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Gregg Sullivan: Out of the Shadows

by Steve Desroches

Over the past decade there have been numerous documentaries that show the dynamic innards of the world of rock and roll. Standing in the Shadows of Motown, Twenty Feet From Stardom, Muscle Shoals, The Wrecking Crew—all films that show that behind the spotlight and theatrical face of rock and roll is a long list of passionate and dedicated musicians who provide the foundation for the giants of rock. For decades Gregg Sullivan was part of that, playing guitar as a sideman for Blood, Sweat & Tears, The Rascals, Mary Wilson, and Roger Daltrey. But this week he’s taking center stage at Welllfleet Preservation Hall with the debut of a new musical project: the Gregg Sullivan Quartet.
“It’s music I’ve enjoyed over the years,” says Sullivan, about the set prepared for Saturday night’s gig. “I thought, wouldn’t it be fun to do it here.”

Sullivan, who recently moved from New Jersey to Eastham, hooked up with local musicians Fred Boyle, Rich Hill, and Bart Weisman to form the Gregg Sullivan Quartet, focusing on R&B/Jazz/Groove music, covering songs by Steely Dan, The Crusaders, Jimmy Smith, and more. Having toured the United States, Canada, and Europe several times over playing rhythm guitar for a diverse list of musicians and bands, Sullivan is digging into his past to present an evening of great music.

A musician’s musician through and through Sullivan doesn’t recall a time when he wasn’t playing a guitar. From the earliest age to young adulthood Sullivan studied and work on his craft so much so that he seamlessly moved to the stage with some of the biggest acts of the day. However, he was able to focus on the music, support himself financially, and all the while avoiding the trappings and responsibilities of fame.

“You’re there to do a job,” says Sullivan. “You’re there to make whoever’s out front sound as good as possible. Whatever the gig calls for, you do it. And hopefully they like it and you get more work out of it.”

As the aforementioned documentaries premiered, it set off a new appreciation for the art of rock and roll. Digging out old albums to read the fine print of the liner notes or Google searches showed little known facts like Cher sang back up for The Ronnettes hit “Be My Baby” or that Gregg Allman played on Aretha Franklin’s landmark 1970 album This Girl’s in Love With You. Glenn Campbell played on tracks for Ronnie Spector and The Rolling Stones.

“It was sort of like a ghost man thing,” says Sullivan. “No one knew. That’s the life of the sideman. You’re there to do a job. That’s it.”

While those are all examples of famous people doing work quietly, or secretly, Sullivan and his ilk, who focus on live work rather than studio sessions, aren’t necessarily anonymous as they’re standing and playing right there on the stage. But nevertheless, it’s only the biggest music fans with the deepest of appreciation and obsession that know who musicians like Sullivan are. And that’s just fine with him.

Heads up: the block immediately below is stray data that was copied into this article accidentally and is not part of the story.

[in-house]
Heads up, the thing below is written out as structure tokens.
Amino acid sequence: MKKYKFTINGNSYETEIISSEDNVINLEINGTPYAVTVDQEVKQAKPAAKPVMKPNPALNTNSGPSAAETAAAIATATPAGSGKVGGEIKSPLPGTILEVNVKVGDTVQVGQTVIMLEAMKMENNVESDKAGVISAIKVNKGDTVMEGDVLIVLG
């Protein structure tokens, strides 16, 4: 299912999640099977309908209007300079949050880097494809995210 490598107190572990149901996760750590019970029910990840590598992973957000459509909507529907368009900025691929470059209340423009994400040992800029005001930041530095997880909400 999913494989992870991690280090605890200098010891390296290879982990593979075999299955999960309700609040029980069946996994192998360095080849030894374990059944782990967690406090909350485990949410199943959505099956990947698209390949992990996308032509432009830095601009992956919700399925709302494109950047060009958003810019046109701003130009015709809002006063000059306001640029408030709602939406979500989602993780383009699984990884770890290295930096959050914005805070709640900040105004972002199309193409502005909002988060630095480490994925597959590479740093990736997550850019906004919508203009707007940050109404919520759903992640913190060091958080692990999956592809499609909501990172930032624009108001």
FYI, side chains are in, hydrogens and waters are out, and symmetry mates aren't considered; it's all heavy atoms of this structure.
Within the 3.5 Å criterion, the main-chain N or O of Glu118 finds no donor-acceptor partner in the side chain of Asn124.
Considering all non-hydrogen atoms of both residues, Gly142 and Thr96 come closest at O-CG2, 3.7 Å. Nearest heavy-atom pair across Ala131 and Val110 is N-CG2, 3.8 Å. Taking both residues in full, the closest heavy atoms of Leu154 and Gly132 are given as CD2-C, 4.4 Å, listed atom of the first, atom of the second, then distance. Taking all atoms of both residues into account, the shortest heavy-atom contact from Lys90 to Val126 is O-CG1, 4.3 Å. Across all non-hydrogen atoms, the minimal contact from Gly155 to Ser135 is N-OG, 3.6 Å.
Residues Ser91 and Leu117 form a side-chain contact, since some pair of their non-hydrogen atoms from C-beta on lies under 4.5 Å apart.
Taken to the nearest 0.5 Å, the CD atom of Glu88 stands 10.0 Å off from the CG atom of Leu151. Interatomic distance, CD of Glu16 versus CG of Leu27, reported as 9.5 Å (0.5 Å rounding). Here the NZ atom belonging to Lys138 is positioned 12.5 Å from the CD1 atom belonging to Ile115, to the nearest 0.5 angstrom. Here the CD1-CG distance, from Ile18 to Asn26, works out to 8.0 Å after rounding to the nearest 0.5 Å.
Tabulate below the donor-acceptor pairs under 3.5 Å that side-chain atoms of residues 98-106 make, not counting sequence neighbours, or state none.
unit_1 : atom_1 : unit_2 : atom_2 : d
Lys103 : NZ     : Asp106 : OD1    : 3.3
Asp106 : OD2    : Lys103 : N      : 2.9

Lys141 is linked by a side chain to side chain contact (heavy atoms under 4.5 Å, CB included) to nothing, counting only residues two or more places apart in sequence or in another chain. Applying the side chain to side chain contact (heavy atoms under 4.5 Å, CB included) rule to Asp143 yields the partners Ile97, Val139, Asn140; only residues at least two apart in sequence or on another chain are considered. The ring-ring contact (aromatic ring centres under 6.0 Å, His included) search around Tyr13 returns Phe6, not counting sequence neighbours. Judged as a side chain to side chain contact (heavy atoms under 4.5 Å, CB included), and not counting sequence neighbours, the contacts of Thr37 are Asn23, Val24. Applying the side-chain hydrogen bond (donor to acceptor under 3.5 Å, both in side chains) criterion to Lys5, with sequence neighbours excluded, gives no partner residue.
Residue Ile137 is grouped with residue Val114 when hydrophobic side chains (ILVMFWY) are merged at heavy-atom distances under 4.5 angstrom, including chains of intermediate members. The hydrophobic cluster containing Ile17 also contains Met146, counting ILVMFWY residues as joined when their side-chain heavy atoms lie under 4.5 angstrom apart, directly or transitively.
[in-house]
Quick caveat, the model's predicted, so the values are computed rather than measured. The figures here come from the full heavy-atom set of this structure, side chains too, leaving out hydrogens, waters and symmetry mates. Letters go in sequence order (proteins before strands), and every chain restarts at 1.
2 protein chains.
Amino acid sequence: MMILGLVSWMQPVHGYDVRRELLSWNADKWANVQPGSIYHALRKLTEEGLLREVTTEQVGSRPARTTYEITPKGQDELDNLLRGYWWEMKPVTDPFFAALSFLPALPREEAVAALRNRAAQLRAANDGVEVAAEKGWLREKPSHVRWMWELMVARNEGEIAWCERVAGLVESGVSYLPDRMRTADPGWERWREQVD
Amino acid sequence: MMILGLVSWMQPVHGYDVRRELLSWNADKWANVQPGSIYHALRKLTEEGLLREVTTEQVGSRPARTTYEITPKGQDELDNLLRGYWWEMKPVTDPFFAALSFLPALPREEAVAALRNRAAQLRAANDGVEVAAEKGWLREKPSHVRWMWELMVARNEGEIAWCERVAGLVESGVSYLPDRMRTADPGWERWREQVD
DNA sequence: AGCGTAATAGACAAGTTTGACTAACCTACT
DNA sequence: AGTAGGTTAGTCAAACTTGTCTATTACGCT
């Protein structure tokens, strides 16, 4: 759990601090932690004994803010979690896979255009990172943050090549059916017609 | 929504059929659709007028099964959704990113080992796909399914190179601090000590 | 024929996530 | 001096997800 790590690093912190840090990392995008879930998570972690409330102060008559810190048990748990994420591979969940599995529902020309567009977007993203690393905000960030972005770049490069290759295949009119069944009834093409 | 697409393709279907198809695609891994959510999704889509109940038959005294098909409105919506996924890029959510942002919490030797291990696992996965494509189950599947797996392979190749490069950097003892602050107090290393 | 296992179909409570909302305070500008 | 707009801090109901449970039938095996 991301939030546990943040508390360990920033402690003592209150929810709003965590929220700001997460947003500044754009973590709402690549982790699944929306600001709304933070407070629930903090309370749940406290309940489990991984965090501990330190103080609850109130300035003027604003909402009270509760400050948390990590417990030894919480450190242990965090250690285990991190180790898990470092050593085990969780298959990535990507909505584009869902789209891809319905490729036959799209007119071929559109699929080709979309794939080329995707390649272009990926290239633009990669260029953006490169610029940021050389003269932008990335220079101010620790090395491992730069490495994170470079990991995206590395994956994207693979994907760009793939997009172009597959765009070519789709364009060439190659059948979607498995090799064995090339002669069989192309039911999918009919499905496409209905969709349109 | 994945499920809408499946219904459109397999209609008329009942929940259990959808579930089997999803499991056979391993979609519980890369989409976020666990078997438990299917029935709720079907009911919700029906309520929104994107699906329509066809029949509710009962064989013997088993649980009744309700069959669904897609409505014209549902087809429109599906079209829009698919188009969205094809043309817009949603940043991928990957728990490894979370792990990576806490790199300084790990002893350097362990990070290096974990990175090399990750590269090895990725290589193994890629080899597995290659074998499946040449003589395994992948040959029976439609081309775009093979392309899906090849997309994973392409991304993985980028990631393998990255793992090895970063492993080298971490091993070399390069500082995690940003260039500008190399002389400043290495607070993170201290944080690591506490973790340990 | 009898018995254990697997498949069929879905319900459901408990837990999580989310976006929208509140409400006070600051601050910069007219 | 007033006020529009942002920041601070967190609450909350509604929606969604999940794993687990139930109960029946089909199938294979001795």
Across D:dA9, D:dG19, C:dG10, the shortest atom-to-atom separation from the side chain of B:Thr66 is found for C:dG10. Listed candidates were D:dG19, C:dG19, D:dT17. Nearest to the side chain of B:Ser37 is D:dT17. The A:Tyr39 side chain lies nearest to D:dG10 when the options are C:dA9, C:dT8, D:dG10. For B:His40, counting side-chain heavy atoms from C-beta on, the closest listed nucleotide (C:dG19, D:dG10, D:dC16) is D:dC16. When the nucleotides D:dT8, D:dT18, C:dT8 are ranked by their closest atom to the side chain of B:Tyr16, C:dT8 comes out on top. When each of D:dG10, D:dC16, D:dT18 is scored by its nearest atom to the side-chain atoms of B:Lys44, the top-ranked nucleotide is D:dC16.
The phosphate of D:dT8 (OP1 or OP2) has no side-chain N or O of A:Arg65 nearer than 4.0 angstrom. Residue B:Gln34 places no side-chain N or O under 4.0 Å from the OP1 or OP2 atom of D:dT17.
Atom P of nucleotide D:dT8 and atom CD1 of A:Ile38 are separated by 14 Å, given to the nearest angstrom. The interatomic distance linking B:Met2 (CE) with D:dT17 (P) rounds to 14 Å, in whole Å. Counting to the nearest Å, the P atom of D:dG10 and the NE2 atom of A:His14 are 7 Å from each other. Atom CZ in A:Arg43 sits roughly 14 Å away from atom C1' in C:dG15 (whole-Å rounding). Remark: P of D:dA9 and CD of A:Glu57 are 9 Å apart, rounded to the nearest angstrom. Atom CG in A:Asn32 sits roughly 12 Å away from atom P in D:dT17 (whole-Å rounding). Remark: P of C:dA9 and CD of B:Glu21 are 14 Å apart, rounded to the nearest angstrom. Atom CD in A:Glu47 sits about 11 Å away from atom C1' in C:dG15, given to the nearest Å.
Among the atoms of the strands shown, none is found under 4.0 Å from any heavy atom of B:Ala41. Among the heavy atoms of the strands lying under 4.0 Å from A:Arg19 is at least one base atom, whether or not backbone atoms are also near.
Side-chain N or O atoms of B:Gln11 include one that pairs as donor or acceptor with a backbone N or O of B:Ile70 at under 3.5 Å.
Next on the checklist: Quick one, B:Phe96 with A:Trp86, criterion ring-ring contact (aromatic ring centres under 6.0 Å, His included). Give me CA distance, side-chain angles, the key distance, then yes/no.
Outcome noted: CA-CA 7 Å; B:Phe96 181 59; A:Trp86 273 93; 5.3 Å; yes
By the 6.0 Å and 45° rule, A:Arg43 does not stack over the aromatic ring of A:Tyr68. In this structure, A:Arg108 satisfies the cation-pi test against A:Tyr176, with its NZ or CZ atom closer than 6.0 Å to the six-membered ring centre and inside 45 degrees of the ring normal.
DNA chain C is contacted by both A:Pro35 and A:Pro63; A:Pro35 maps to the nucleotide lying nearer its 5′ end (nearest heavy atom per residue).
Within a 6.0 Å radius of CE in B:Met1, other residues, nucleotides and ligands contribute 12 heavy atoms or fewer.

Since moving to Eastham, Sullivan has taught guitar at the Cape Conservatory in West Barnstable, which is where he met Weisman, and then Weisman in turn reached out to other long time collaborators. That synergy gave birth to the Gregg Sullivan Quartet, which also brought Sullivan back to electric guitar work after primarily focusing on acoustic material for quite some time. Premiering this new group is the current culmination of a life in music, for music’s sake.

“I’ve been exposed to a lot of different players and styles,” says Sullivan. “I can’t think of a moment that was my big break. I guess I’ve always been a working musician, a sideman. Going from gig to gig. Getting to play with all these musicians, it was always pretty cool and to see how it all played out. “

The Gregg Sullivan Quartet plays at Wellfleet Preservation Hall, 335 Main St. on Saturday, May 7 at 7 p.m. For tickets ($15) and information call 508.349.1800, go to the box office, or visit

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Ginger Mountain (MS Communications Media, BA Fine Arts/Teaching Certification K-12) has been part of the graphic design team at Provincetown Magazine since 2008. Ginger has worked as a creative director, individual contractor, and freelance designer with clients representing many areas —business software, consumer products, professional services, entertainment, and network hardware to name just a few — providing creative layout and development of a wide range of print media content. Her clients ranged from small local businesses to large corporations and Fortune 500 companies, from New Hampshire to Georgia

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